The Mother of God

Isaiah 7.10-16

Again the Lord spoke to Ahaz, saying, Ask a sign of the Lord your God; let it be deep as Sheol or high as heaven. But Ahaz said, I will not ask, and I will not put the Lord to the test. Then Isaiah said: “Hear then, O house of David! Is it too little for you to weary mortals, that you weary my God also? Therefore the Lord himself will give you a sign. Look, the young woman is with child and shall bear a son, and shall name him Immanuel. He shall eat curds and honey by the time he knows how to refuse the evil and can choose the good. For before the child knows how to refuse the evil and choose the good, the land before whose two kings you are in dread will be deserted.

Gender-inclusive language. 

That’s a strange way to start a sermon. 

The practice of using gender-inclusive language for the divine has been around for awhile but it really came into vogue shortly before I arrived in seminary. It’s a willingness to confront the masculine pronouns often attributed to God: God as he. 

The reason being that God is not a he, unless we’re talking about Jesus. 

Of course, scripture and grammar lends itself to this. We pray to God as Father and all of that. But there are actually plenty of moments in the Old Testament when God is given feminine attributes, and even Jesus uses feminine attributes for God in the New Testament, we just rarely talk about them.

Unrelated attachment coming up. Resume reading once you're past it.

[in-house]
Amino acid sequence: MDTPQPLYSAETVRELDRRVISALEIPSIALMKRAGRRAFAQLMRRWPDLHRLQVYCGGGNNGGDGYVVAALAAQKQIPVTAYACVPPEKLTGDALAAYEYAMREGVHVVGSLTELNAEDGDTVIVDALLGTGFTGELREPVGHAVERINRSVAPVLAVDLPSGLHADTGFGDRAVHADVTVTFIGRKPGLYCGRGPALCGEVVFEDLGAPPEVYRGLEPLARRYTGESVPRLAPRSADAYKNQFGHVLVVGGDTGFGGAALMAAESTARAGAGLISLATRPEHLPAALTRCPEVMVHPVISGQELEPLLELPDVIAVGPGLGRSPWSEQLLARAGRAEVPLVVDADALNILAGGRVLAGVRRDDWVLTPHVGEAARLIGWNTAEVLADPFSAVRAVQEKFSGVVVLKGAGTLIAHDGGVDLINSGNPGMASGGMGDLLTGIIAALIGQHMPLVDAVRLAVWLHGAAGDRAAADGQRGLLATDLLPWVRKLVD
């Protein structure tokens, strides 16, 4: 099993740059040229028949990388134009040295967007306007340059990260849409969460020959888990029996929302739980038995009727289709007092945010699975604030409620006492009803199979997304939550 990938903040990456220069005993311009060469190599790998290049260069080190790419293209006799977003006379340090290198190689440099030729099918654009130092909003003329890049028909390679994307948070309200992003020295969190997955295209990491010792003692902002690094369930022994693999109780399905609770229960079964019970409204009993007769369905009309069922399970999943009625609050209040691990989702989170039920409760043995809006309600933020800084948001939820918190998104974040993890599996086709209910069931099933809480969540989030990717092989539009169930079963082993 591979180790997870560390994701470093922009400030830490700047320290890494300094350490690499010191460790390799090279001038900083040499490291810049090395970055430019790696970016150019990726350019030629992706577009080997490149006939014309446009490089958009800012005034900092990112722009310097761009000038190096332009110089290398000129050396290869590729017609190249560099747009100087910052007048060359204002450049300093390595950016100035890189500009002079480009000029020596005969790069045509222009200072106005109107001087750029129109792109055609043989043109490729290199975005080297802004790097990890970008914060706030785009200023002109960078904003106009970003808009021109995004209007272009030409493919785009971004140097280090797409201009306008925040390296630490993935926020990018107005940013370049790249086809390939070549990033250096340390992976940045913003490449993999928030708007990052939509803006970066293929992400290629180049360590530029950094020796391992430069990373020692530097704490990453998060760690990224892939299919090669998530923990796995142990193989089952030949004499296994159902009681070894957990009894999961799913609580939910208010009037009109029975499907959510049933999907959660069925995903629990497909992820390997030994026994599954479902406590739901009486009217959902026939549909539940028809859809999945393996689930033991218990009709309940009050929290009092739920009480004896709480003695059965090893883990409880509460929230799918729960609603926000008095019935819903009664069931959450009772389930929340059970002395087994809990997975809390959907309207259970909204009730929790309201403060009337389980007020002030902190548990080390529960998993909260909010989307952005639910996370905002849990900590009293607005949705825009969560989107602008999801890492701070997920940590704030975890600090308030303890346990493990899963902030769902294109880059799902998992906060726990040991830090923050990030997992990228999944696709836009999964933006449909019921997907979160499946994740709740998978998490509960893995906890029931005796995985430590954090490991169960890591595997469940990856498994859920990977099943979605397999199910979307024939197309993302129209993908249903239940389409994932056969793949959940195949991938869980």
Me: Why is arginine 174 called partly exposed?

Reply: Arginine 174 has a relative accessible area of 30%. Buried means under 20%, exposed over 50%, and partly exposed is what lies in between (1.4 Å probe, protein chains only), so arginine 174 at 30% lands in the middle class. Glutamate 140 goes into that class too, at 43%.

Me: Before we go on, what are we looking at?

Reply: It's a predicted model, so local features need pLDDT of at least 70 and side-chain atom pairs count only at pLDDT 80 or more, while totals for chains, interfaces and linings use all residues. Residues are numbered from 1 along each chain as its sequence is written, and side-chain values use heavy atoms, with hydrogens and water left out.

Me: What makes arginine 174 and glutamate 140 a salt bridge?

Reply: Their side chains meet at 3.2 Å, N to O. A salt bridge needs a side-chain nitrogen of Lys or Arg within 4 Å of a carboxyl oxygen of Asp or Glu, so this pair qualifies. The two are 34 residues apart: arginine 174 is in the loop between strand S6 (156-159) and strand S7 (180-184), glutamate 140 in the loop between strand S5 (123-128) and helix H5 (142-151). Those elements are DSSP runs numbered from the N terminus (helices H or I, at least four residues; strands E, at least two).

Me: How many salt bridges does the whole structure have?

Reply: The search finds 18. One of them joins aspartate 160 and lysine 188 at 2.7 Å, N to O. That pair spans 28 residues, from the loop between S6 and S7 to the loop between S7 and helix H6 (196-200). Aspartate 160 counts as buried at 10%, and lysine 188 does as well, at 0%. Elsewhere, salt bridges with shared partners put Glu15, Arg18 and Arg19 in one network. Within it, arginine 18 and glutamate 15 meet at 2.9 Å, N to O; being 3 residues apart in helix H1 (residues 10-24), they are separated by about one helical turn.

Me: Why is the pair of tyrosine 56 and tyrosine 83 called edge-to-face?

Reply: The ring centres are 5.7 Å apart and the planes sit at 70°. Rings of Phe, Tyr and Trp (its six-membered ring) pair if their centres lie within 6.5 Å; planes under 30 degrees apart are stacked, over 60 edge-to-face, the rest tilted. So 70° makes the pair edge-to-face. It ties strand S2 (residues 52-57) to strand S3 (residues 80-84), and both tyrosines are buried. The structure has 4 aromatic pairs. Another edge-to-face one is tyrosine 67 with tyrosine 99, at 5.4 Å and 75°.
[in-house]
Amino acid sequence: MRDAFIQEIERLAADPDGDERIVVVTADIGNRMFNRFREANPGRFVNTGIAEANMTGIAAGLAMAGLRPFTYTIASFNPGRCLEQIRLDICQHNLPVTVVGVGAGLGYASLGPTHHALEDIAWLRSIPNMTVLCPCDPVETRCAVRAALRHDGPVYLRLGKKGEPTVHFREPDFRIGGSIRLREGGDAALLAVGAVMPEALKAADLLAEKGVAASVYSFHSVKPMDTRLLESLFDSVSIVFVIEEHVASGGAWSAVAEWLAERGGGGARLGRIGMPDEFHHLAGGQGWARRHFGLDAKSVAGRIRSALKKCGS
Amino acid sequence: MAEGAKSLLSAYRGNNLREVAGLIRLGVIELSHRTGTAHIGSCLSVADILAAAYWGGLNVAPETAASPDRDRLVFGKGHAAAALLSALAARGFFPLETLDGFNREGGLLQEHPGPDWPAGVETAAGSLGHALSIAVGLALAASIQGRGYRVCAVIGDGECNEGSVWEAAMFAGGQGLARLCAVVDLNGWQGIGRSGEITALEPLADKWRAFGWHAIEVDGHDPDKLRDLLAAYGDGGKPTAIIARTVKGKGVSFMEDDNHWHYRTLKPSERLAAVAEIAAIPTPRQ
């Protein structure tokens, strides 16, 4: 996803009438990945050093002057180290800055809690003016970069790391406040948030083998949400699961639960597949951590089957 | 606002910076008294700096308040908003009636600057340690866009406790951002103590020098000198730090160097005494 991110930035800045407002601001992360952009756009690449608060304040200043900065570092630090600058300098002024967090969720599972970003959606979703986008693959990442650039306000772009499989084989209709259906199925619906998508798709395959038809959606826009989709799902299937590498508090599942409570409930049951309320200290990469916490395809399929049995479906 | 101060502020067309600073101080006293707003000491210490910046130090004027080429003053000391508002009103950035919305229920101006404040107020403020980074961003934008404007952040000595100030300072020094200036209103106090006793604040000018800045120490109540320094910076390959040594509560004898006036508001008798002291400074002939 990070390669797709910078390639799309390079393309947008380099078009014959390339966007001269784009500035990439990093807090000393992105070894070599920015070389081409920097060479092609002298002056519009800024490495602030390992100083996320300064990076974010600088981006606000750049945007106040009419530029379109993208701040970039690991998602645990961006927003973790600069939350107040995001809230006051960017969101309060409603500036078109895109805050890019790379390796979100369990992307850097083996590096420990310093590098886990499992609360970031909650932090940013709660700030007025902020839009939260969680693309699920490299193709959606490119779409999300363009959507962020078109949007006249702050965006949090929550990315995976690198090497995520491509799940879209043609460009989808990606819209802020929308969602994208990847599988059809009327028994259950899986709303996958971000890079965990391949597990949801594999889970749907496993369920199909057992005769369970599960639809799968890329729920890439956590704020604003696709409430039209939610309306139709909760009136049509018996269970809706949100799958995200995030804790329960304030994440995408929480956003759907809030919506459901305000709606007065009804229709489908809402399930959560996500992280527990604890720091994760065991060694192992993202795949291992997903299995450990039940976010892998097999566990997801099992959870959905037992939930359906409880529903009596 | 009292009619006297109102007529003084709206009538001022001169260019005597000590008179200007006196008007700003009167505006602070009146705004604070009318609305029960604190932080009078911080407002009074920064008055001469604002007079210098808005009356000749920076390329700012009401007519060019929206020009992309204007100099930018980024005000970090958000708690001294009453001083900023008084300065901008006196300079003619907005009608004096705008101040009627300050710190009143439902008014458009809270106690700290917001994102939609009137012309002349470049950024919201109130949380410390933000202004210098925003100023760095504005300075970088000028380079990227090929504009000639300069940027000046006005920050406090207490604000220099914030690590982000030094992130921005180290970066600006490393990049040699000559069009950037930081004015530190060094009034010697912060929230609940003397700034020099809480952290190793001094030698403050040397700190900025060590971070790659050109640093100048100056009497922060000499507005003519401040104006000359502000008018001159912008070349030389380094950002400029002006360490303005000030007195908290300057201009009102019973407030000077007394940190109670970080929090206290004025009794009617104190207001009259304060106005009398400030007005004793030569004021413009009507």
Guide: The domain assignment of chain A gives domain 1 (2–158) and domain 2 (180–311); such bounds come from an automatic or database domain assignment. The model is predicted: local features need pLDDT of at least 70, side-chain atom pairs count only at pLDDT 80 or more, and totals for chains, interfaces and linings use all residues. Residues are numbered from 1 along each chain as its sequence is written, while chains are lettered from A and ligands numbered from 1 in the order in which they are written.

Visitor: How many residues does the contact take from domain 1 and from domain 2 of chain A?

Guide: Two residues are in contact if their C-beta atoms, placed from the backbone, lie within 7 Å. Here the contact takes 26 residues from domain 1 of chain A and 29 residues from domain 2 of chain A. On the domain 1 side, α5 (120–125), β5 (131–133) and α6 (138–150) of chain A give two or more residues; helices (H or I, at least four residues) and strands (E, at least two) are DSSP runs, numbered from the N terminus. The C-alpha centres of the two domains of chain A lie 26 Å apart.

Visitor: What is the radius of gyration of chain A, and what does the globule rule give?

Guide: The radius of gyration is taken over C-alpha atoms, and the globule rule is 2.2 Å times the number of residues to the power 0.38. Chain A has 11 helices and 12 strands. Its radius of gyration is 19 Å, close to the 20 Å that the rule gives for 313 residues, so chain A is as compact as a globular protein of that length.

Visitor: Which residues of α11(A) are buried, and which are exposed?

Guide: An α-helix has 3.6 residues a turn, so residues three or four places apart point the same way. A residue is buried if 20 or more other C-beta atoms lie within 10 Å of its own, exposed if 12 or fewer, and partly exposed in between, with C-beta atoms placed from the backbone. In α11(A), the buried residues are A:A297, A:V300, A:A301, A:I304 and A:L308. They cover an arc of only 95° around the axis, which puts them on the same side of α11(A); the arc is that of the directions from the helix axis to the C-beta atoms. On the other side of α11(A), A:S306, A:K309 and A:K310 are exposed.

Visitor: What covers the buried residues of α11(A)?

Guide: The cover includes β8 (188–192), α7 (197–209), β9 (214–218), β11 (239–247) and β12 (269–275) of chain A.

Again, what’s at stake here is the fact that God is not like us. God is, to use an expression of Barth’s, totally other. Therefore, to use human attributes, particularly gendered attributes for God, makes God like us.

And so there began a push while I was in school to stop referring to God as he. True story: we would have one point taken away per gendered reference to God in our papers, which taught us how to adapt quickly. 

Perhaps you have noticed, but maybe not, when I preach I try my best to not masculinize God. In other words, I try to avoiding pronoun-ing God. And sometimes it makes for a strange sentence. But it’s important. God is not a man. God is God.

Of course there are some, who in order to offer a corrective to the masculinity of God rendered in church, will feminize God and refer to God as she, or mother. Which, I think, can be helpful. God is both paternal and maternal. But it still puts God in our own terms, rather than letting God speak to us about who God is.

And yet, there is a more radical notion about the identity of God that we often overlook or downright ignore.